As for the safety of clients’ assets at the custodians, we have included a detailed disclosure from our main custodians here:



Unlike traditional retail banks, our custodians separate their broker-dealer’s business from the banking business, if there is any. They invest funds from the broker-dealer side conservatively and mostly in treasury bonds and short-term securities. FDIC protects clients’ cash deposits of up to $250,000 per depositor, per FDIC-insured bank, and per ownership category such as single accounts or retirement accounts. Clients’ security positions have a loss coverage of $500,000 per account from the Securities Investor Protection Corporation (SIPC). Our custodians also purchase excess SIPC coverage from Lloyd’s of London and other London-based underwriters to an aggregate protection of at least $150 million.

Artificial Intelligence (AI)

Another significant event in the first quarter was the sudden popularity of ChatGPT, a generative robotic chat powered by artificial intelligence. According to our research, the technology behind ChatGPT was not all that new. However, a vastly improved input interface increased its usability and made it appear ready for the mainstream. Suddenly, artificial intelligence was the hottest topic in the investment community, and investors were eager to know whether their portfolios would benefit or miss out on this new development. We feel it is our responsibility to share our thoughts with you.

We conduct thorough research before drawing any investment conclusions, spending as much effort on the behind-the-scenes enablers as on the front-page players. Today’s IT products are too complicated for one company to master or create from scratch. Any advances in emerging technologies require the simultaneous improvement of other supporting technologies. Many essential tools and products are developed first to form the foundation for new innovation. The best example was the introduction of smartphones in 2007 with the support from many underlying technologies, e.g., mobile chips, ARM-based application processors, small-form-factor cameras, and many others. The same applies to generative chat robots.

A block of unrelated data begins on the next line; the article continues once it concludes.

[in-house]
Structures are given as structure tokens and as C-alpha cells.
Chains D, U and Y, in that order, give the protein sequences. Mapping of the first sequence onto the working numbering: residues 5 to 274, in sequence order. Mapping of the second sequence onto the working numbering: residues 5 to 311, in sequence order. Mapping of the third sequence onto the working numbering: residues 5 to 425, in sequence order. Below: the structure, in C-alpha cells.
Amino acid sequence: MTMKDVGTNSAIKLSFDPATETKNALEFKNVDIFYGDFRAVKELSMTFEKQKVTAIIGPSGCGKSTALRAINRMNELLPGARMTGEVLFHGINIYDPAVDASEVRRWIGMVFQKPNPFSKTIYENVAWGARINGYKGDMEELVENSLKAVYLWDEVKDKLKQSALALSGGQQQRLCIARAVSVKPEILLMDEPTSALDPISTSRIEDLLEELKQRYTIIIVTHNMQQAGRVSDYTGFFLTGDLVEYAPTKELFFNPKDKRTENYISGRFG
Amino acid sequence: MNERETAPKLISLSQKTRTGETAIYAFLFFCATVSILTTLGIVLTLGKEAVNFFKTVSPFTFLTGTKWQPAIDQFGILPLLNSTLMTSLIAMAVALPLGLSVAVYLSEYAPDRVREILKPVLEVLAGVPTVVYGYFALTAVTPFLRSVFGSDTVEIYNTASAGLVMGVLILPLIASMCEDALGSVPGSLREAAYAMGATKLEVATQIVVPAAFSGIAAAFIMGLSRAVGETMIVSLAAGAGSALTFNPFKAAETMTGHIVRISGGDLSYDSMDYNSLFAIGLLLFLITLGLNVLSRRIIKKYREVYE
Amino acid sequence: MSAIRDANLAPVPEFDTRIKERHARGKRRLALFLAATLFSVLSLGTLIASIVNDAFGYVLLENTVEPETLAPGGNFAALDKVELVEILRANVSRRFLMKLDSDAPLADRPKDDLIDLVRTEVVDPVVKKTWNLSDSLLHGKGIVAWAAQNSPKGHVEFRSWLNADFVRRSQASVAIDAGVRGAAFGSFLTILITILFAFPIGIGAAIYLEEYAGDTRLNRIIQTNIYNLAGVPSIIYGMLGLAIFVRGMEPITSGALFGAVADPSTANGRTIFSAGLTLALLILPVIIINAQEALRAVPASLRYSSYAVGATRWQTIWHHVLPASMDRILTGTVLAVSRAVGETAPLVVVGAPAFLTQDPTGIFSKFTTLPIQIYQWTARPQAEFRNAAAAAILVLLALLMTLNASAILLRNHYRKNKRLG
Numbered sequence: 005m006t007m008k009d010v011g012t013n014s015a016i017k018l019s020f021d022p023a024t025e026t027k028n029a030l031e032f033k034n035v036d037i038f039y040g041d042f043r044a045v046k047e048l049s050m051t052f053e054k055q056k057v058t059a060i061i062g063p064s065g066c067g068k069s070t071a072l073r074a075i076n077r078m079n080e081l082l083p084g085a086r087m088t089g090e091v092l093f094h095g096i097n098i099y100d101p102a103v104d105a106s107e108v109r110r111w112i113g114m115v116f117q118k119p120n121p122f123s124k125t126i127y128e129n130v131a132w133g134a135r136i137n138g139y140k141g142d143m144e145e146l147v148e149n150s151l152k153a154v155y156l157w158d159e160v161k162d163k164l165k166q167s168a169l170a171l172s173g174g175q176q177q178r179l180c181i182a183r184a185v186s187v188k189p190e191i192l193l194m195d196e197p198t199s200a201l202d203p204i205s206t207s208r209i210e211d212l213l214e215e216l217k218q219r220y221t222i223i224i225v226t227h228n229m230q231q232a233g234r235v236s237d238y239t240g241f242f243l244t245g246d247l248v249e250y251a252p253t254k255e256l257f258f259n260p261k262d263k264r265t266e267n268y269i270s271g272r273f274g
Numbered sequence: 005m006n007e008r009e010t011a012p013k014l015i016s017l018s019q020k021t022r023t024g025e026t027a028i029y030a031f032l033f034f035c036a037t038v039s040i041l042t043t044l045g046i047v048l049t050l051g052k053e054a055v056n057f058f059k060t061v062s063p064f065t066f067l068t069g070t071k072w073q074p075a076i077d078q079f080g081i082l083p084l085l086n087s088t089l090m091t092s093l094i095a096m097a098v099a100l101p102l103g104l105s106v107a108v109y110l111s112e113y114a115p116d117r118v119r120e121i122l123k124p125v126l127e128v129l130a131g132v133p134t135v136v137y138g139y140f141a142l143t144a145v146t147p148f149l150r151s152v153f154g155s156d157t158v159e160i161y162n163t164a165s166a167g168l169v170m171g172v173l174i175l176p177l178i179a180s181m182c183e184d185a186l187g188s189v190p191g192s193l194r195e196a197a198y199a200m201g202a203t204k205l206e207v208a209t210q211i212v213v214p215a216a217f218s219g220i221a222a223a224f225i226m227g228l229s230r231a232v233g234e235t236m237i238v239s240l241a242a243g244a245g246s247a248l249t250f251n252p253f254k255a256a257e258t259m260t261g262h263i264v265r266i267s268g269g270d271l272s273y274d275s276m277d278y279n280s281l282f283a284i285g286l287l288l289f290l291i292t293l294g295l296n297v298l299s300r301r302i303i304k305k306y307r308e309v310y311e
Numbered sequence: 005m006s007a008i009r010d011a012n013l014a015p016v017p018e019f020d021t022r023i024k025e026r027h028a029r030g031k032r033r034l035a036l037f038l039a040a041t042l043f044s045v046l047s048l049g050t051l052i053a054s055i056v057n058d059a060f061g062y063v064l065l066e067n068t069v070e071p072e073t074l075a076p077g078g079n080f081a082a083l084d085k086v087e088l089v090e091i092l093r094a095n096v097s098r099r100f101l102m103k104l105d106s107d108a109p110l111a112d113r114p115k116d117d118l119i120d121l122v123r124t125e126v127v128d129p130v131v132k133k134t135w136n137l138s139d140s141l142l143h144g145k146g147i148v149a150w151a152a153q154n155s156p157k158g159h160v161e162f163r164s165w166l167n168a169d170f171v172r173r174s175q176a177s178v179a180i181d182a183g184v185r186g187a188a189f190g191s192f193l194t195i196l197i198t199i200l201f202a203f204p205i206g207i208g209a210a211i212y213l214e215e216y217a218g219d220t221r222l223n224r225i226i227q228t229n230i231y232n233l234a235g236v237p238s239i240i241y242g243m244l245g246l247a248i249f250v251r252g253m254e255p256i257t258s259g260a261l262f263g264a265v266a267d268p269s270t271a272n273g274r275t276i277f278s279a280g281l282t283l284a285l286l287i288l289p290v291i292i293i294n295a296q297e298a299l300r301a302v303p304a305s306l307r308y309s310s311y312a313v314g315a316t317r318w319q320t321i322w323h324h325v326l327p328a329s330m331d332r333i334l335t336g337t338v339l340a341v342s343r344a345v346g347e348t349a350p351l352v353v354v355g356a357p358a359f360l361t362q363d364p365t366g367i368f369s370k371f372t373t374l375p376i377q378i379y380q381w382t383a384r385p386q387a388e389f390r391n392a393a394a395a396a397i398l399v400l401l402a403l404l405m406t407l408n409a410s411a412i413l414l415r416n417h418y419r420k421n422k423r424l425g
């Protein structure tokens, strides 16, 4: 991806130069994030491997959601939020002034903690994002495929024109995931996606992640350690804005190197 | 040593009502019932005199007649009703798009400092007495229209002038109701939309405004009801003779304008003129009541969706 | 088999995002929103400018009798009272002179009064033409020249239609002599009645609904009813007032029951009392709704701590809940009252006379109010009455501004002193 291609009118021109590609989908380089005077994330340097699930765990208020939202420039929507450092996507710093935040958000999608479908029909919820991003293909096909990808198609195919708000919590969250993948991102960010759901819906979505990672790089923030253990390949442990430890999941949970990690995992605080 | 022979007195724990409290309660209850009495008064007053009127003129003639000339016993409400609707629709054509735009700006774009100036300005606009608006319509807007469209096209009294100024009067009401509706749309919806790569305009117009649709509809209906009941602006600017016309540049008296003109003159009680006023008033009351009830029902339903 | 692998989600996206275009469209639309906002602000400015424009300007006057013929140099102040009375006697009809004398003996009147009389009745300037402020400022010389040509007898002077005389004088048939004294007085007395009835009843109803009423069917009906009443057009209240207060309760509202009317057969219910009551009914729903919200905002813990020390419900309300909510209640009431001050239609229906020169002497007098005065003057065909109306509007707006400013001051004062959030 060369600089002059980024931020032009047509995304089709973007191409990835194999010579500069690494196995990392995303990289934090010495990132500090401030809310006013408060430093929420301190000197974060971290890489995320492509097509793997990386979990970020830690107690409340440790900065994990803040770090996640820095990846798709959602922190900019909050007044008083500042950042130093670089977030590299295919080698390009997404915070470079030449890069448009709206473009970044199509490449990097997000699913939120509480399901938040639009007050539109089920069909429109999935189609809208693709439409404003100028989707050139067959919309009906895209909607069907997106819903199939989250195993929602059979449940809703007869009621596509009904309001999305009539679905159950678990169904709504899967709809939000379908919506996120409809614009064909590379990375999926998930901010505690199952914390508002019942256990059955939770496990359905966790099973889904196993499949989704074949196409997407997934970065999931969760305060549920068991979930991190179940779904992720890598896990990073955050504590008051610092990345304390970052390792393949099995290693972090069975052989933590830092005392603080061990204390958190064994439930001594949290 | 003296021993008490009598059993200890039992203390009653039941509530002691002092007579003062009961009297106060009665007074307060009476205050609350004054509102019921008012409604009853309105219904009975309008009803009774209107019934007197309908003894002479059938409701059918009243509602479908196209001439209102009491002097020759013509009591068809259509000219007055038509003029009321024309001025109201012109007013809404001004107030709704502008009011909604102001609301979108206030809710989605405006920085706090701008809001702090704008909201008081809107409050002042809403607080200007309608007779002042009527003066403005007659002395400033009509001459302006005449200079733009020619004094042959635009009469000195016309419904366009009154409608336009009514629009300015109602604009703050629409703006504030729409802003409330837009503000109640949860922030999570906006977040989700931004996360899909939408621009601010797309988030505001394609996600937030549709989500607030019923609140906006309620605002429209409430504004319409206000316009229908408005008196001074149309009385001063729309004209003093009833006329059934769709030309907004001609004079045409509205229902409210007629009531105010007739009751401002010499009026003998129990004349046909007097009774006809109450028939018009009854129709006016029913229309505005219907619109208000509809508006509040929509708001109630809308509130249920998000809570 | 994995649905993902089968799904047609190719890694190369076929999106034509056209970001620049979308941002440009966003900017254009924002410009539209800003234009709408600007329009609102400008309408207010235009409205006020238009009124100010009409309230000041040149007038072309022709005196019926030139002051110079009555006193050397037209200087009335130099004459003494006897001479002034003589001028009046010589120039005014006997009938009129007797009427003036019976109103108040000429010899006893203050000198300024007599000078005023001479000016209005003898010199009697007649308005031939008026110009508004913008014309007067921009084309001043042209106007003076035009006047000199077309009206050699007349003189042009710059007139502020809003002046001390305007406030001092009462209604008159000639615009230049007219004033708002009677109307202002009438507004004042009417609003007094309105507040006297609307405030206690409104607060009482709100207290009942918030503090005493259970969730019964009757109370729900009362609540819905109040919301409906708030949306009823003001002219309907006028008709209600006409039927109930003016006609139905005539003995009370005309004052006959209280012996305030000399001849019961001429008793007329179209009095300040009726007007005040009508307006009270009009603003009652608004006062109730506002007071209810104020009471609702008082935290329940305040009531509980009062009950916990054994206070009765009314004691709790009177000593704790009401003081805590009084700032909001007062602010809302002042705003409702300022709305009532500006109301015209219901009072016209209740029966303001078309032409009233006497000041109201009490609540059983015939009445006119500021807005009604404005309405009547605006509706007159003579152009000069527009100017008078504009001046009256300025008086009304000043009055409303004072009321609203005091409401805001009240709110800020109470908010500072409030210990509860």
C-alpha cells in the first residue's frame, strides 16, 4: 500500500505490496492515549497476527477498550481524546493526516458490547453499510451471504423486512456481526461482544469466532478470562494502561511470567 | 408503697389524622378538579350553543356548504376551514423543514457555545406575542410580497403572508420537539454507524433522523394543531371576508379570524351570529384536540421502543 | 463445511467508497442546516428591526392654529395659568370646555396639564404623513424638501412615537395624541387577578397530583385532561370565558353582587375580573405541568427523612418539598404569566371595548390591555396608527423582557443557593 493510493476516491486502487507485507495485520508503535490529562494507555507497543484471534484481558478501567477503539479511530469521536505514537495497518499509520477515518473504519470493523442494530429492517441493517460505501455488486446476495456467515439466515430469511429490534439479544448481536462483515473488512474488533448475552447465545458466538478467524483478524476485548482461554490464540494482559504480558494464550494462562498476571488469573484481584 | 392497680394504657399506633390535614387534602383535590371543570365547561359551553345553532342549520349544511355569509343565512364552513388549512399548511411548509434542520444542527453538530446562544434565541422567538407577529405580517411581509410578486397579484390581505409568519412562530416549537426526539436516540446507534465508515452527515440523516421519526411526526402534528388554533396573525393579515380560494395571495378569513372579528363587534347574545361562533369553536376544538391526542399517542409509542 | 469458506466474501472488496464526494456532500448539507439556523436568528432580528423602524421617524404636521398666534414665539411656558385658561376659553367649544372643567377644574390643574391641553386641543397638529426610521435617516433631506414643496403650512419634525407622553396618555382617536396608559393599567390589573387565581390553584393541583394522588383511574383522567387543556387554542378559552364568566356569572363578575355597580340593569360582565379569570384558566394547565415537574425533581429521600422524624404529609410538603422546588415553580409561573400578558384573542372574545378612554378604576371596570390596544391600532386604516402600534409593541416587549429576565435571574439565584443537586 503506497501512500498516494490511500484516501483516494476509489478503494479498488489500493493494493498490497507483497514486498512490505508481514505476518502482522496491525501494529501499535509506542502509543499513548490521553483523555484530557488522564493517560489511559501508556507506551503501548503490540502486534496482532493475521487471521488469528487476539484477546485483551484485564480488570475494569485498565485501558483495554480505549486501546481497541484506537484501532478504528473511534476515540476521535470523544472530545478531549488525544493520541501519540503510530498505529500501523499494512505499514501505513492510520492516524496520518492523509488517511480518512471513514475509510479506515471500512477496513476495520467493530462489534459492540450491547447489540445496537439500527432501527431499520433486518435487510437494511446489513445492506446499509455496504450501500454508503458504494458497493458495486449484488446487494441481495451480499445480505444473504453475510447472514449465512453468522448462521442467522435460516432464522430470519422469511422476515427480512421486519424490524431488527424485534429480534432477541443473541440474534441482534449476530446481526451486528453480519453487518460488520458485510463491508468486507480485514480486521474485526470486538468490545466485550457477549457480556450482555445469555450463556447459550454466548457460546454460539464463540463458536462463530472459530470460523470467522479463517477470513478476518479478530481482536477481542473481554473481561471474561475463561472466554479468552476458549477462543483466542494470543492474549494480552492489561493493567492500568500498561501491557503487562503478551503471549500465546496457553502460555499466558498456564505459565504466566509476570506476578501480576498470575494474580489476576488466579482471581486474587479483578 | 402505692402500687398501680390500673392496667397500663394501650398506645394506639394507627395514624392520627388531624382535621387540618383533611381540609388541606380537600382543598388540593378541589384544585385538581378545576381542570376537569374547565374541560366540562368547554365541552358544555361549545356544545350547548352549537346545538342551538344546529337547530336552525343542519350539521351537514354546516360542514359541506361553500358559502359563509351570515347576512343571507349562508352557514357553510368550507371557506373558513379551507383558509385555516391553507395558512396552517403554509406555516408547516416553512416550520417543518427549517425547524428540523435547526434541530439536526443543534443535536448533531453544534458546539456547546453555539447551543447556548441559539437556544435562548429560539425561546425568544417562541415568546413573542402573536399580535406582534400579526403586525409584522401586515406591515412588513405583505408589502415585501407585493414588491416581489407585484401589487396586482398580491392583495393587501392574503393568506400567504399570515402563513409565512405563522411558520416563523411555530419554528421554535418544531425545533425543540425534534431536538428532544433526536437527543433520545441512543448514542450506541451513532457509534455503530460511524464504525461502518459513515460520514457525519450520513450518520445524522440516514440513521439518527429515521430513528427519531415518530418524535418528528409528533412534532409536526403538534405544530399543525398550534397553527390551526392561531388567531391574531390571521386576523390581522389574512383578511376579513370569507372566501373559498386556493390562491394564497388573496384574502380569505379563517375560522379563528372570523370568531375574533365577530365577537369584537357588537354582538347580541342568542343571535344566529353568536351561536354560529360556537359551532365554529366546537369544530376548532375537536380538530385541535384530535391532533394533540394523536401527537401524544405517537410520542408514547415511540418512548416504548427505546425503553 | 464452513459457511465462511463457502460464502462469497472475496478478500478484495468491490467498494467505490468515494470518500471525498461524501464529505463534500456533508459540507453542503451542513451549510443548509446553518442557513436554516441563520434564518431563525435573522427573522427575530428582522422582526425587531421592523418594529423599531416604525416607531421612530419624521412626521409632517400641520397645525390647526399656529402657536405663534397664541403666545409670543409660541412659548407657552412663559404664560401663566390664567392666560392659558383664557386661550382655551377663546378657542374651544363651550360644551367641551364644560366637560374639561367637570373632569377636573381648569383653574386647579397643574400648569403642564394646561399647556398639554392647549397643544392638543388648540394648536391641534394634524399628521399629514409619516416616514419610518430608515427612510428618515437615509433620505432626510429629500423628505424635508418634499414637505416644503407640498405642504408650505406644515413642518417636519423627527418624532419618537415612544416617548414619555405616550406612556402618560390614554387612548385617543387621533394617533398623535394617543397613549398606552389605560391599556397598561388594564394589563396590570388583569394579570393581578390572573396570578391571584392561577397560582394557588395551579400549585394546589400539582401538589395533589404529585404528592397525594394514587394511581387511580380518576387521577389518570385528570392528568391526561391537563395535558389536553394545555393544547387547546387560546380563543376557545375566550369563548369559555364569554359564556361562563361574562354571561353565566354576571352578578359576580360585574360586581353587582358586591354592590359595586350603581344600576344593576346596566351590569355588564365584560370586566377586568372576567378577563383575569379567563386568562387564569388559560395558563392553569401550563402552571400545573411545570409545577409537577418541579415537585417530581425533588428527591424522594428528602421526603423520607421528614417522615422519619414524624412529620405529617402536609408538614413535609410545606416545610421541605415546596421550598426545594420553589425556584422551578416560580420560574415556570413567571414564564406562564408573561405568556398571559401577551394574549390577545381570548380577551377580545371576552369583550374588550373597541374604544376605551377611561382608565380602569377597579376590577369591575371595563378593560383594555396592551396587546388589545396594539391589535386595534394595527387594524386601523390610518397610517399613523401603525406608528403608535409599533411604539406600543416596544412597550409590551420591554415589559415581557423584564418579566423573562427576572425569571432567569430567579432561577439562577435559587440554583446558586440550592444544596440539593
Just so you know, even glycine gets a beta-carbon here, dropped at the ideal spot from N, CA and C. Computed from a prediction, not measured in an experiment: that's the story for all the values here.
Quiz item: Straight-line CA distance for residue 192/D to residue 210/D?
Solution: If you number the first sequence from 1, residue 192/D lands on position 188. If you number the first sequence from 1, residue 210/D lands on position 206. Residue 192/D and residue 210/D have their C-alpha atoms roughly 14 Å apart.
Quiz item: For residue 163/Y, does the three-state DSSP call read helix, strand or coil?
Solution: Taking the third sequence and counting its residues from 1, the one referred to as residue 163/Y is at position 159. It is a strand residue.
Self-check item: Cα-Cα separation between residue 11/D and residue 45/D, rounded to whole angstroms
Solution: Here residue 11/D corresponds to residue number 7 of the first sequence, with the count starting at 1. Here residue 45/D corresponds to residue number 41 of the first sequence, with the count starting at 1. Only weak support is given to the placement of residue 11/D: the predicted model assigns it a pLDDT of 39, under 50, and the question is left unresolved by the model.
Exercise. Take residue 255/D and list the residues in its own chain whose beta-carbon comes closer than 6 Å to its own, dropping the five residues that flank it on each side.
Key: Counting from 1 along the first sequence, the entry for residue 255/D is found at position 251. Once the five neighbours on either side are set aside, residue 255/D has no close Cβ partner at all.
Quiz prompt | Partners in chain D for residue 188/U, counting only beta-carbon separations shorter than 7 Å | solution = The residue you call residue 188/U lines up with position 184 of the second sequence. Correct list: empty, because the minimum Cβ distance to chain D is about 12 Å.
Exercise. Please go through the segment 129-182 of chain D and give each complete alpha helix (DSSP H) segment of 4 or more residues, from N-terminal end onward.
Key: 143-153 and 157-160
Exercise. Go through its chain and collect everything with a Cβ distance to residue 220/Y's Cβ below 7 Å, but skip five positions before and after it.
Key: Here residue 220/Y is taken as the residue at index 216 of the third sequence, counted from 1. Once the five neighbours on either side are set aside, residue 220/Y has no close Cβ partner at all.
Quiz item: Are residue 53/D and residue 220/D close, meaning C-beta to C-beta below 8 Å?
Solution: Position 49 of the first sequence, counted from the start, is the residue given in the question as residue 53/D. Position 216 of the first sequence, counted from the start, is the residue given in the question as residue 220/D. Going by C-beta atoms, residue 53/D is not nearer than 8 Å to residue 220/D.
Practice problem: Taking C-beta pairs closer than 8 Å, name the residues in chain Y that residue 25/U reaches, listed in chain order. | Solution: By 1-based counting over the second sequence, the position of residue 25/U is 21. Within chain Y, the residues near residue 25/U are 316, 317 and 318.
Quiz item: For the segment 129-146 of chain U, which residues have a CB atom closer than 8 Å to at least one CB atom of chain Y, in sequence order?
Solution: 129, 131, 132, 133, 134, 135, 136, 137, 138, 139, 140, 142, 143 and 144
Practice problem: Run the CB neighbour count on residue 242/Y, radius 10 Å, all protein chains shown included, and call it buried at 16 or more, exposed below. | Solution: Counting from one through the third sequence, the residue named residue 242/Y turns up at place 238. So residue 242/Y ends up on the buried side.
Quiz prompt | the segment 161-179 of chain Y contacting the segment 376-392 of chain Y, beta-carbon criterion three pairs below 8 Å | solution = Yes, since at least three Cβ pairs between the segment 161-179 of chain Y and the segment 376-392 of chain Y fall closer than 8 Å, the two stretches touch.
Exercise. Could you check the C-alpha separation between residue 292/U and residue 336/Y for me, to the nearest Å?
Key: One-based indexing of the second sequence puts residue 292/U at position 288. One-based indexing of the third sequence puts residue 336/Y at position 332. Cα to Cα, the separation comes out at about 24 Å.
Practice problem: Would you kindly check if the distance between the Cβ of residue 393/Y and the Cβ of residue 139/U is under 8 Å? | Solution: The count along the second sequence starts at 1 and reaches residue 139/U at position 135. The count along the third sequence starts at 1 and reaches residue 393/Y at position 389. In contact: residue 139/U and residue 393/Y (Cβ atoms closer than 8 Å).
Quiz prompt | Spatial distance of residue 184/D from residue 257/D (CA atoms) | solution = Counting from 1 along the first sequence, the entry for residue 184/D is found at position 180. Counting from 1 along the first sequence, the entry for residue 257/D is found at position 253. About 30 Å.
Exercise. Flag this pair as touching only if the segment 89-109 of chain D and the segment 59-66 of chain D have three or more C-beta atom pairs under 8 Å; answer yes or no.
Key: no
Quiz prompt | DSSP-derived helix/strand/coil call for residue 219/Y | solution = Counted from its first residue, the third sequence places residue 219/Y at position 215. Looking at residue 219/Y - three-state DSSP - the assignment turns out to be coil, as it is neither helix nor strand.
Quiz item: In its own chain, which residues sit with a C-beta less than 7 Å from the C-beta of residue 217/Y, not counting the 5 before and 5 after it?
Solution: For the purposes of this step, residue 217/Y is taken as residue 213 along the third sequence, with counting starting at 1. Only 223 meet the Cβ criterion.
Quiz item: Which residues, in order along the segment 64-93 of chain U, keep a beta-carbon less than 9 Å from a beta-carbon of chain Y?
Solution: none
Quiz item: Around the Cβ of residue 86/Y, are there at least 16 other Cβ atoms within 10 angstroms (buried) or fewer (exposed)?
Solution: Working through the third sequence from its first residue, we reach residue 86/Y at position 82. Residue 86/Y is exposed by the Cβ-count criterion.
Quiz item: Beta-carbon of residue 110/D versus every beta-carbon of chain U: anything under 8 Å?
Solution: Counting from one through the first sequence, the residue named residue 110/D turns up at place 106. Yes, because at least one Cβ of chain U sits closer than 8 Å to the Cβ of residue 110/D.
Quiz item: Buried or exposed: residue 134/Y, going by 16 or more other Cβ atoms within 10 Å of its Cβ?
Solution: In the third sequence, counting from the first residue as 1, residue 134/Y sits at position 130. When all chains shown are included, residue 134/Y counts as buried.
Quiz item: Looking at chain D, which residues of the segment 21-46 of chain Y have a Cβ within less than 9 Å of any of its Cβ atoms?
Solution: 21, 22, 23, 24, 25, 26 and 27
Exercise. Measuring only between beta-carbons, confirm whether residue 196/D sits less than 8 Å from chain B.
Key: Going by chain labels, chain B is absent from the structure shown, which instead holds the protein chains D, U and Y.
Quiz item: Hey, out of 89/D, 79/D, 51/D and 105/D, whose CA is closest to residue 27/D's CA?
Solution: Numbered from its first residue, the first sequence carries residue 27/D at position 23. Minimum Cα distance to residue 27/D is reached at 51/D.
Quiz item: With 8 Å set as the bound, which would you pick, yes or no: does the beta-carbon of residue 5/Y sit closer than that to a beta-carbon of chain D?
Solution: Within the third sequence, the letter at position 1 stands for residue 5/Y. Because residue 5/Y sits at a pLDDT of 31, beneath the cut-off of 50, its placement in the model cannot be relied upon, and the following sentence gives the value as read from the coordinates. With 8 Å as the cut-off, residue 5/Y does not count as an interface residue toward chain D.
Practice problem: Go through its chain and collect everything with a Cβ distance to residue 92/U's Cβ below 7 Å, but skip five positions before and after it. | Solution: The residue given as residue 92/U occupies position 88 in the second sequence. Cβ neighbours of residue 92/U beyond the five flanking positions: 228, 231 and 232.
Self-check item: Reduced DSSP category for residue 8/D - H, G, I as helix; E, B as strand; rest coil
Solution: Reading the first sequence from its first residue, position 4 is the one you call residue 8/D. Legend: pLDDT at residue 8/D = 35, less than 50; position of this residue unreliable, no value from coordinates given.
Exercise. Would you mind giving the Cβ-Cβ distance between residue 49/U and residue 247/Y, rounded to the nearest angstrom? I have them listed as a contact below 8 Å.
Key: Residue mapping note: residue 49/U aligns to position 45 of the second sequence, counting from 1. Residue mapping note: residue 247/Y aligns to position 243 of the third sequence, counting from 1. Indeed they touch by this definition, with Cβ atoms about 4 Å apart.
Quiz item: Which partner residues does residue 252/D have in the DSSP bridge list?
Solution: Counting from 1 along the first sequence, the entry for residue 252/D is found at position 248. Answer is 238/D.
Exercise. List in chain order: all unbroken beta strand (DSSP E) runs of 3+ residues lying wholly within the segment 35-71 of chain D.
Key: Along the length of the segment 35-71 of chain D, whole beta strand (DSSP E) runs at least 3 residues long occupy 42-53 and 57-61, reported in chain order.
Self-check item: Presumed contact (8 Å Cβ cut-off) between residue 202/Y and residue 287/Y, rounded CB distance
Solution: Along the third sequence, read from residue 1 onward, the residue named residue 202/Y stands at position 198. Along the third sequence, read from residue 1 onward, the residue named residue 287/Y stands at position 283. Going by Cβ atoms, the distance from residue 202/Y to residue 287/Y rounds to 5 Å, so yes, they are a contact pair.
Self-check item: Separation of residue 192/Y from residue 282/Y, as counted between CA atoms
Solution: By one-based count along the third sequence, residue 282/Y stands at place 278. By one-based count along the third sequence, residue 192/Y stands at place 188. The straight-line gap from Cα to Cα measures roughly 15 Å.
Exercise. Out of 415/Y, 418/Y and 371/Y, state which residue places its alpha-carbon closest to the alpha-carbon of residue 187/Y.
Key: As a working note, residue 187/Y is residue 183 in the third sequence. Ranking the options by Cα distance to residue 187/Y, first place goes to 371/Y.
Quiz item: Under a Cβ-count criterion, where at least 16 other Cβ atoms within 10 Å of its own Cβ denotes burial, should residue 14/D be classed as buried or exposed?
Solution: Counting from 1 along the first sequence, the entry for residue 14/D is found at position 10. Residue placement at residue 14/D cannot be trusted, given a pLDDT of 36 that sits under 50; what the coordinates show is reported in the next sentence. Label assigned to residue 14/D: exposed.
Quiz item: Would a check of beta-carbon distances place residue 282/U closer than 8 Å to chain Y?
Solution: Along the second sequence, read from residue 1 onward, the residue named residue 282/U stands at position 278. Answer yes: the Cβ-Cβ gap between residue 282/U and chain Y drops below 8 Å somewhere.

AI requires massive computing power to rapidly process vast data and produce results. Products responsible for this task include central processing units (CPU), graphics processing units (GPU), accelerators, connections, and switches. Headline discussions on CPU and GPU are bountiful. Both are oligopoly markets with only a handful of competitors. The attention to connections and switches is less prevalent, but they are equally important because the total processing speed depends on every segment of the data’s path. Newer communication protocols have also been invented to manage the data traffic, so data for various purposes can follow different protocols to produce a much higher network throughput.